As seen above, jeopardy infers competing with the so-called “Traitors”. To do so, security testing provides different testing strategies [OSSTMM 2010] [Moustier 2019-1]:
- Blind: the Developers knows about the attacks - this happens when the test cases are known by the team as well as when the tests occur
- Double Blind: the Tester/Attacker doesn’t know anything about the system and the Developers don’t know anything about the attacks (neither the way Tester/Attacker proceed nor when is happens)
- Gray Box: Developers know some of the content of the attack or Tester/Attacker know some of the content to be attacked
- Double Gray Box: both Developers and Tester/Attacker have some information from the other team
- Tandem: both Developers and Tester/Attacker collaborate in a transparent way
- Reversal: the Developers does not know about the what and when of the attack but Tester/Attacker do know some information of the targeted system
Those many strategies show the many points of view for both Developers and Tester/Attacker and provide hints when there are some benefits with ISTQB’s independent testing approach [ISTQB 2018] and when cooperation between Developers and Testers have some added value.
Agilitest’s standpoint on designing a better system
Since most of Agilitest users are rather turned towards feature than coding for cultural reasons, Agilitest is often used by Business Owners located outside development teams that which leverages independent testing ; however, Agilitest can be used in any of the testing strategies, from a Reversed or Double Blind testing strategy to a collaborative way with a 3 Amigos workshop in a Tandem approach.
To discover the whole set of practices, click here.
To go further
- [Argyris 1977] : Chris Argyris - « Double Loop Learning in Organizations » - Harvard Business Review - SEP/1977 - https://hbr.org/1977/09/double-loop-learning-in-organizations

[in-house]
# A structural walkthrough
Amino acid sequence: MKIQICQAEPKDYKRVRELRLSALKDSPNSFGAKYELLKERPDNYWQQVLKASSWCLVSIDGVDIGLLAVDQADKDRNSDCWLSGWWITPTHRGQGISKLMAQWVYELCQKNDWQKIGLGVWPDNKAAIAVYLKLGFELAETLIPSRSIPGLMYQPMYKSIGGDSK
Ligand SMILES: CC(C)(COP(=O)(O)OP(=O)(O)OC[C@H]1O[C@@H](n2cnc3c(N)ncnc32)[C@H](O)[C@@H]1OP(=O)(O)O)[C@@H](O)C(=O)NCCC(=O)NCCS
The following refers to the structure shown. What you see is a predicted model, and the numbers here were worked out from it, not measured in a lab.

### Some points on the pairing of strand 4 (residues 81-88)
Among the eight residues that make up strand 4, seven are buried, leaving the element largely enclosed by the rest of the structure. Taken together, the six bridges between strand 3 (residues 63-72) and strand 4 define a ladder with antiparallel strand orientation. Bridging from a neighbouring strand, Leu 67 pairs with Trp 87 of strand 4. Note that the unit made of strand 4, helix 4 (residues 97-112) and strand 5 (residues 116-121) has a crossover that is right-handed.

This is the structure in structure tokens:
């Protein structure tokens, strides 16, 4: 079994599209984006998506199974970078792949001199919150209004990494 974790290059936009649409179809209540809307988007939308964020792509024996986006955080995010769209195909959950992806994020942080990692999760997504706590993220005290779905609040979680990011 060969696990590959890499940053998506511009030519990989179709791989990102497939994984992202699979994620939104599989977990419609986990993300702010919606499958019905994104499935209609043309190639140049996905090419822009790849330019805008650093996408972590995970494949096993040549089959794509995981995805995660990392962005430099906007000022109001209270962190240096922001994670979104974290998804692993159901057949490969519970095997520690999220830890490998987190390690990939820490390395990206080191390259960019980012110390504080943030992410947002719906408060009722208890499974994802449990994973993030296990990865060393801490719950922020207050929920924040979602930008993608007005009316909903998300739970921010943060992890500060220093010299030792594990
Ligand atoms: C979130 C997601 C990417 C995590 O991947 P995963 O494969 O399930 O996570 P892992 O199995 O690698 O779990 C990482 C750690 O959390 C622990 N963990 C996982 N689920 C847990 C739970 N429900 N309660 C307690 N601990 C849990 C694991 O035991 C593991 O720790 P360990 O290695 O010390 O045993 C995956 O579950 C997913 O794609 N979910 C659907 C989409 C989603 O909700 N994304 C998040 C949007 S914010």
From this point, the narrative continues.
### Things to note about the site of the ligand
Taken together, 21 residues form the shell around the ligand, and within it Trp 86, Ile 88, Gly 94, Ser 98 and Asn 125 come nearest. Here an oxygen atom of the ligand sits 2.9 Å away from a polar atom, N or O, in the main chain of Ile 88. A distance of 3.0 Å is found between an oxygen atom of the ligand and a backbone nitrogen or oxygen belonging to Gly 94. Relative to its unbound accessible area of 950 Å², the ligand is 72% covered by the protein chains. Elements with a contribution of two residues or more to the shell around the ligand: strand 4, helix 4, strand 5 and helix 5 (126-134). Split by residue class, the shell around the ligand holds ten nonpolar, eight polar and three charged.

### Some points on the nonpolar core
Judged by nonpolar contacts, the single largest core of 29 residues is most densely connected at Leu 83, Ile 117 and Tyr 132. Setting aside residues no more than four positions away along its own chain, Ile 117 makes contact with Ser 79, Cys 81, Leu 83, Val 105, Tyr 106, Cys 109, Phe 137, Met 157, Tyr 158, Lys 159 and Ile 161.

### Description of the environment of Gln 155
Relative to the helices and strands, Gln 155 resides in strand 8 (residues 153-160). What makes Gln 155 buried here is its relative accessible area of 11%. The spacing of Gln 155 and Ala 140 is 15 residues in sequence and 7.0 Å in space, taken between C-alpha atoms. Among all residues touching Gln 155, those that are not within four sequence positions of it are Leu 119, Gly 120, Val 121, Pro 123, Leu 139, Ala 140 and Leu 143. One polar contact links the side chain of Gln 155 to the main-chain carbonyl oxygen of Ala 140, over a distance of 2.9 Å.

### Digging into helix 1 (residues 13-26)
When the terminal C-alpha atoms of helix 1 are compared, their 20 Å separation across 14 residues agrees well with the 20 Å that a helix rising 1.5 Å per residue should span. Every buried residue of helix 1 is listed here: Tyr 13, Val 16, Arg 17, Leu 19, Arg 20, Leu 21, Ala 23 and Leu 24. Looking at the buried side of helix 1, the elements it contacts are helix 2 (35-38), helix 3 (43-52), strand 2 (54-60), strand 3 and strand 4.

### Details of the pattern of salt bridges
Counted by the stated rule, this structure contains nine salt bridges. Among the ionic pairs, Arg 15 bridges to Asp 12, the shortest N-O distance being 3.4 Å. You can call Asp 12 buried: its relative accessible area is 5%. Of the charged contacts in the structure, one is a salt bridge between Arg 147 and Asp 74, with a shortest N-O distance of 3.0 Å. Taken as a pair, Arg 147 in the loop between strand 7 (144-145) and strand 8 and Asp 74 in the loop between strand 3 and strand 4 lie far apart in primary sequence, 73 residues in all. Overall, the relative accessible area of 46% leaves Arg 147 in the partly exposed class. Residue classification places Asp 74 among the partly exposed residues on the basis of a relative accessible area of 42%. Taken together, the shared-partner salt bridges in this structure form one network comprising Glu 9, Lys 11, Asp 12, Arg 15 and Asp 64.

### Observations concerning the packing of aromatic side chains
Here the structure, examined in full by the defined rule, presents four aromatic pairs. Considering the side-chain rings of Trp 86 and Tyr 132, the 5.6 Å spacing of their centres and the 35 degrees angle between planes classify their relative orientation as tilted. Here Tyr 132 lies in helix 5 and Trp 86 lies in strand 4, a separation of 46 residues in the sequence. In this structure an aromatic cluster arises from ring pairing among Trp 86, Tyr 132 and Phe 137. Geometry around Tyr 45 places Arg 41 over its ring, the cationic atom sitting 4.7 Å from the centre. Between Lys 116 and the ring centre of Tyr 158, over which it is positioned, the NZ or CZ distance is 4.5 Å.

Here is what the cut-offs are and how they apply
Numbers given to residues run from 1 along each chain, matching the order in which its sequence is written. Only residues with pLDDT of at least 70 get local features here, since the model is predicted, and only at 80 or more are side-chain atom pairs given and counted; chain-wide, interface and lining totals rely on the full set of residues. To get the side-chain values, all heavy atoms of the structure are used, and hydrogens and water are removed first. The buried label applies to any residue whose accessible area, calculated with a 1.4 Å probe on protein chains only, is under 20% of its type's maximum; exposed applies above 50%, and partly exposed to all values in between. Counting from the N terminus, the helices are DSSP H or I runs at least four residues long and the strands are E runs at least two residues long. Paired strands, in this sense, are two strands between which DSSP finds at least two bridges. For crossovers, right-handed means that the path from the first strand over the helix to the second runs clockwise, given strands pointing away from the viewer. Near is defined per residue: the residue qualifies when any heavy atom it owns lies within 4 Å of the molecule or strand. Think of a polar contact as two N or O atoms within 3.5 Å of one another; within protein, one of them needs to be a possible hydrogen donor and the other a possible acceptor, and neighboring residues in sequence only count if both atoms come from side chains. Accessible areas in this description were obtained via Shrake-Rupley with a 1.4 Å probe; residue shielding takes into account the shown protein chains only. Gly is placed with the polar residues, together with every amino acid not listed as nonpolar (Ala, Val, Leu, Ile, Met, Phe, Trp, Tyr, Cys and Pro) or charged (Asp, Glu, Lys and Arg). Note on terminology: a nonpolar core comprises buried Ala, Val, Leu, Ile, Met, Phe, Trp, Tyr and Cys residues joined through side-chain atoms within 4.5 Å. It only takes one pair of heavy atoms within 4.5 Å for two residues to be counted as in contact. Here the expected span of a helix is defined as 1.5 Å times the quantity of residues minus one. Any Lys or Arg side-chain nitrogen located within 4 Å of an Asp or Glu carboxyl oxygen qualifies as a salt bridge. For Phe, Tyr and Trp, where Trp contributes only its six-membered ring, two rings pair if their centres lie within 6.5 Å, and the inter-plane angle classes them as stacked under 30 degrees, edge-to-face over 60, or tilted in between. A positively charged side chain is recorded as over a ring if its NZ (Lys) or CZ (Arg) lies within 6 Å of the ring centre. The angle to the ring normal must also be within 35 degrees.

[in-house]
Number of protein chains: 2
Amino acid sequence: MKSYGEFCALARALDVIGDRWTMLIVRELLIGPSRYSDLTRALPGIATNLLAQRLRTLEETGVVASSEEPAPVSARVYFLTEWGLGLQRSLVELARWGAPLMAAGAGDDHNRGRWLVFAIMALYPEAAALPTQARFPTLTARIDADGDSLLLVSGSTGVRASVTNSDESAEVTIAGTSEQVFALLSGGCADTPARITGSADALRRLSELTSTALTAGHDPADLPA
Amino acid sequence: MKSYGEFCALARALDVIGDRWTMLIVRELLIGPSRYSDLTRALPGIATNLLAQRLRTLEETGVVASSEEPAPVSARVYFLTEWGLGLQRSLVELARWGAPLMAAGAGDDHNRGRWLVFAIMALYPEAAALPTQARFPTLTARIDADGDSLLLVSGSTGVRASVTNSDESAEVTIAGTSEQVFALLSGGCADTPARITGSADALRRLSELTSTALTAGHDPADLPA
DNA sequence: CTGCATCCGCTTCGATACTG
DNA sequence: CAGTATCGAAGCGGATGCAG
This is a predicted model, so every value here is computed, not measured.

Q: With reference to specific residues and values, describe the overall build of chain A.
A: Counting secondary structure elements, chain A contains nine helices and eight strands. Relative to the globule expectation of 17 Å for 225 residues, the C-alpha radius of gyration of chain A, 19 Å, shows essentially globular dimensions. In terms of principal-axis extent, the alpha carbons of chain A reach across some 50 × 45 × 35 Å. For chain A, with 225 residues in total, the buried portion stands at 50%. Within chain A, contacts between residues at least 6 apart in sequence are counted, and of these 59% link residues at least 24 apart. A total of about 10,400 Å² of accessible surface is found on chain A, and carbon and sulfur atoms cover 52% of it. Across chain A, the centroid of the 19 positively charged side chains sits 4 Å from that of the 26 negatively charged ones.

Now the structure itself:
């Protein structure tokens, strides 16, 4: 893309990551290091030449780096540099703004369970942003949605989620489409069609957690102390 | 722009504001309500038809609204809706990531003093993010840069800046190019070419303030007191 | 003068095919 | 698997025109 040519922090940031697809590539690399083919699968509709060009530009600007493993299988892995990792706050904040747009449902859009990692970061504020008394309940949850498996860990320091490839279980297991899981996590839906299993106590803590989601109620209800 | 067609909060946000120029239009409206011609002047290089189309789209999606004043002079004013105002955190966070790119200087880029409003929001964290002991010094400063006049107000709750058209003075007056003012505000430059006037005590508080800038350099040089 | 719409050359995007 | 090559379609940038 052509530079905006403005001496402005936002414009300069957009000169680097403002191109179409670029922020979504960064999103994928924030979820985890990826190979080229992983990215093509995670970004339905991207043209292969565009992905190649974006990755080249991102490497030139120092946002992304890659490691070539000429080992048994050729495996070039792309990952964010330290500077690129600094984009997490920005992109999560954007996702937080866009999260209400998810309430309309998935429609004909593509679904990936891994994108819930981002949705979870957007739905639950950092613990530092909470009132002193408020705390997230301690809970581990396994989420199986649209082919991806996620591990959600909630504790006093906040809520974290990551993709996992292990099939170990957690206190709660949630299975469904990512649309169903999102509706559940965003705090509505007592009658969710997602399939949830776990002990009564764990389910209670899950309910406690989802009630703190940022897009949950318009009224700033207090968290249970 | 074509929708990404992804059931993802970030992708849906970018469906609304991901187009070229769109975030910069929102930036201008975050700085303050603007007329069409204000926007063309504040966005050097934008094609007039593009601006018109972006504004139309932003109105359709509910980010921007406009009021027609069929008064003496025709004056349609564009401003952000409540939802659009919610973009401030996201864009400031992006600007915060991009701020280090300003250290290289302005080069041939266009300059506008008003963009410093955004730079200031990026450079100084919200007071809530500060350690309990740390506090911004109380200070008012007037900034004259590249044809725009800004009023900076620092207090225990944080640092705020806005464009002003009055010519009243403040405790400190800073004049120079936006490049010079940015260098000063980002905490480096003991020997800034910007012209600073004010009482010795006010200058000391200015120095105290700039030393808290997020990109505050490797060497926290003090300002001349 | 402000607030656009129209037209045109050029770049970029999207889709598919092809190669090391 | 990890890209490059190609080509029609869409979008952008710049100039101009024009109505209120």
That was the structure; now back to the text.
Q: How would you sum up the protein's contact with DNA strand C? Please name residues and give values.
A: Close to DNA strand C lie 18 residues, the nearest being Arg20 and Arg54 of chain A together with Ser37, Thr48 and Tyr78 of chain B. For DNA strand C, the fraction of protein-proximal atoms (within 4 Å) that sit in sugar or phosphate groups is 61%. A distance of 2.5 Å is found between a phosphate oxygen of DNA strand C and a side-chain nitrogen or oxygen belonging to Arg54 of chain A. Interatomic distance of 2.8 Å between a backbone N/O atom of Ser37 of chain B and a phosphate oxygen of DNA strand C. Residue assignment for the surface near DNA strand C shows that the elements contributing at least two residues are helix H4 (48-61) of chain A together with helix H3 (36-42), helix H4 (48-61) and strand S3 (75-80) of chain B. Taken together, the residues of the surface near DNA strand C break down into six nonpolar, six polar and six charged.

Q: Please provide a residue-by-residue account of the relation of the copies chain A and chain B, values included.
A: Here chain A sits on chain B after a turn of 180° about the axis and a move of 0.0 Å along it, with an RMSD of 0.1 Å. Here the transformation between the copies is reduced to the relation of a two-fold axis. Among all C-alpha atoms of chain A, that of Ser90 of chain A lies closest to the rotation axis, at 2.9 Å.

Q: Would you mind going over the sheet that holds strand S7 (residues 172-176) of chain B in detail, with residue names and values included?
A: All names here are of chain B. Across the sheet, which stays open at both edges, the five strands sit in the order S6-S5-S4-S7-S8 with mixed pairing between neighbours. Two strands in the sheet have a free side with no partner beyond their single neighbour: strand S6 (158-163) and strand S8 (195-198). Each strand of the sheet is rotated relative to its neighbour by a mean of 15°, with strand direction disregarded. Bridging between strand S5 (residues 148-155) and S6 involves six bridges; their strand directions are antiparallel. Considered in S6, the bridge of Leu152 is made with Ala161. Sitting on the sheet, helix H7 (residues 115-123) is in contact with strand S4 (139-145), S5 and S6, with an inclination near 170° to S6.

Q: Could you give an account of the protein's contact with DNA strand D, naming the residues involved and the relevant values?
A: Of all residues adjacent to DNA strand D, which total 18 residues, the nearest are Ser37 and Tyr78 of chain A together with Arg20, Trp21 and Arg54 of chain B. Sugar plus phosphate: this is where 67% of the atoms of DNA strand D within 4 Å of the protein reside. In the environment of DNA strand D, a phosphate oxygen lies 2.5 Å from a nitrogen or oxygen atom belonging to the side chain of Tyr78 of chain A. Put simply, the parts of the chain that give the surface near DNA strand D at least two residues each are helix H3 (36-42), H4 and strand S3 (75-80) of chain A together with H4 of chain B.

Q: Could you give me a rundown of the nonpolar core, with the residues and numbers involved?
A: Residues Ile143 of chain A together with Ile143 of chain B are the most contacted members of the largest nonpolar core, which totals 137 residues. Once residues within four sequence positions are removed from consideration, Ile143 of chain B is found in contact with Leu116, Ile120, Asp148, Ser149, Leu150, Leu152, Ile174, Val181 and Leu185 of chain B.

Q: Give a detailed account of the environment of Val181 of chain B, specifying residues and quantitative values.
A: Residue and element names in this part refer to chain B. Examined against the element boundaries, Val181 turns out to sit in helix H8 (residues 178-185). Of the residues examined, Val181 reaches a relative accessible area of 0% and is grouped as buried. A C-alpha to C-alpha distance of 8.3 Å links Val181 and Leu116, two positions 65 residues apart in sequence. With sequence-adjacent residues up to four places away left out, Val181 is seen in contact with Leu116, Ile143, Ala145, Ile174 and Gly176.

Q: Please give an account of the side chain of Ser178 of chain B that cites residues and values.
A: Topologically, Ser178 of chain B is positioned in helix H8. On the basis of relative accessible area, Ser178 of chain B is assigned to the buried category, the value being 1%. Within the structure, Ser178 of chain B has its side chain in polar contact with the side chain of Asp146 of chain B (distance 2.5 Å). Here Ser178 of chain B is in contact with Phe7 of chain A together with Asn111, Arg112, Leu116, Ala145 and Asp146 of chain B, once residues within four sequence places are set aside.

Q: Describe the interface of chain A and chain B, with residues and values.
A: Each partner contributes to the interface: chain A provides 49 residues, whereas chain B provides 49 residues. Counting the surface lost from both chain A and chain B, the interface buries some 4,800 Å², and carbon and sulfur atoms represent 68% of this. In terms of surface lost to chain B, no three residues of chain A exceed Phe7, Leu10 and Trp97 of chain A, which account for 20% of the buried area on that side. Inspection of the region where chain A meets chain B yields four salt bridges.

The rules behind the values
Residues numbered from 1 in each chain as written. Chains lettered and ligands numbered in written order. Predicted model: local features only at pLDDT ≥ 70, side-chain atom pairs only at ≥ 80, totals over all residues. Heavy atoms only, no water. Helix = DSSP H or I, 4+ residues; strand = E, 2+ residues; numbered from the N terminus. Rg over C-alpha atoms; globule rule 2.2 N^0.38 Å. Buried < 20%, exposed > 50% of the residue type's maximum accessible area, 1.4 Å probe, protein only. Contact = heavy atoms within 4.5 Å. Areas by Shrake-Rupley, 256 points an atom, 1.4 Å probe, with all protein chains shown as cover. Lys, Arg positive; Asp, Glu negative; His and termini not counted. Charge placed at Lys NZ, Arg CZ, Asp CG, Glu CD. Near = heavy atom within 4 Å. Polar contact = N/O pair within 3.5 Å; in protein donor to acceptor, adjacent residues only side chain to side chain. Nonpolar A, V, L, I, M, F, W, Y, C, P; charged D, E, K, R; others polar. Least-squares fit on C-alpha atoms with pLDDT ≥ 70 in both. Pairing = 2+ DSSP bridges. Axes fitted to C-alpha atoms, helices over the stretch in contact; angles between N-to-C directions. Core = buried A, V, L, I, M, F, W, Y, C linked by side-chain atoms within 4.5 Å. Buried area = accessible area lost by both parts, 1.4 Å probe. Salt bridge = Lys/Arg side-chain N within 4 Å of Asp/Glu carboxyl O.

- [Cockburn 2006] : Alistair Cockburn - OCT 2006 - “Agile Software Development: The Cooperative Game” - https://www.researchgate.net/publication/235616359_Agile_Software_Development
- [Hazrati 2010] : Vikas Hazrati - NOV 2010 - “Game Theory and Agile Software Development” - https://www.infoq.com/news/2010/11/game-theory-and-agile/
- [ISTQB 2018] : ISQTB - 2018 - “Certified Tester Foundation Level Syllabus” - https://www.istqb.org/downloads/send/2-foundation-level-documents/281-istqb-ctfl-syllabus-2018-v3-1.html
- [Laing 2016] : Samantha Laing, Karen Greaves - « Growing Agile: A Coach’s Guide to Agile Testing » - Leanpub - 2016 - https://leanpub.com/AgileTesting
- [Lawrence 2012] : Richard Lawrence - JAN/2012 - « New Story Splitting Resource » - https://agileforall.com/new-story-splitting-resource/
- [Mero 1998] : Laszlo Mero - 1998 - “Moral Calculations: Game Theory, Logic, and Human Frailty” - ISBN: 978-1-4612-7232-8
- [Moustier 2019-1] : Christophe Moustier – JUN 2019 – « Le test en mode agile » - ISBN 978-2-409-01943-2
- [Nash 1950] : John F. Nash Jr. - JAN 1950 - “Equilibrium Points in N-Person Games” - http://www.jstor.org/stable/88031
- [OSSTMM 2010] : ISECOM - DEC 2010 - “OSSTMM 3” - https://www.isecom.org/OSSTMM.3.pdf
- [Patton 2014] : Jeff Patton - « User Story Mapping » - O’Reilly - 2014 - ISBN 978-1491904909
- [SAFe 2021-26] : SAFe - FEV 2021 - « Core Values » - https://www.scaledagileframework.com/safe-core-values/
- [SAFe 2021-27] : SAFe - FEV 2021 - « Built-in Quality » - https://www.scaledagileframework.com/built-in-quality/
- [Schwaber 2020] : Ken Schwaber et Jeff Sutherland - « Le Guide Définitif de Scrum : Les Règles de Jeu » - NOV 2020 - https://scrumguides.org/docs/scrumguide/v2020/2020-Scrum-Guide-French.pdf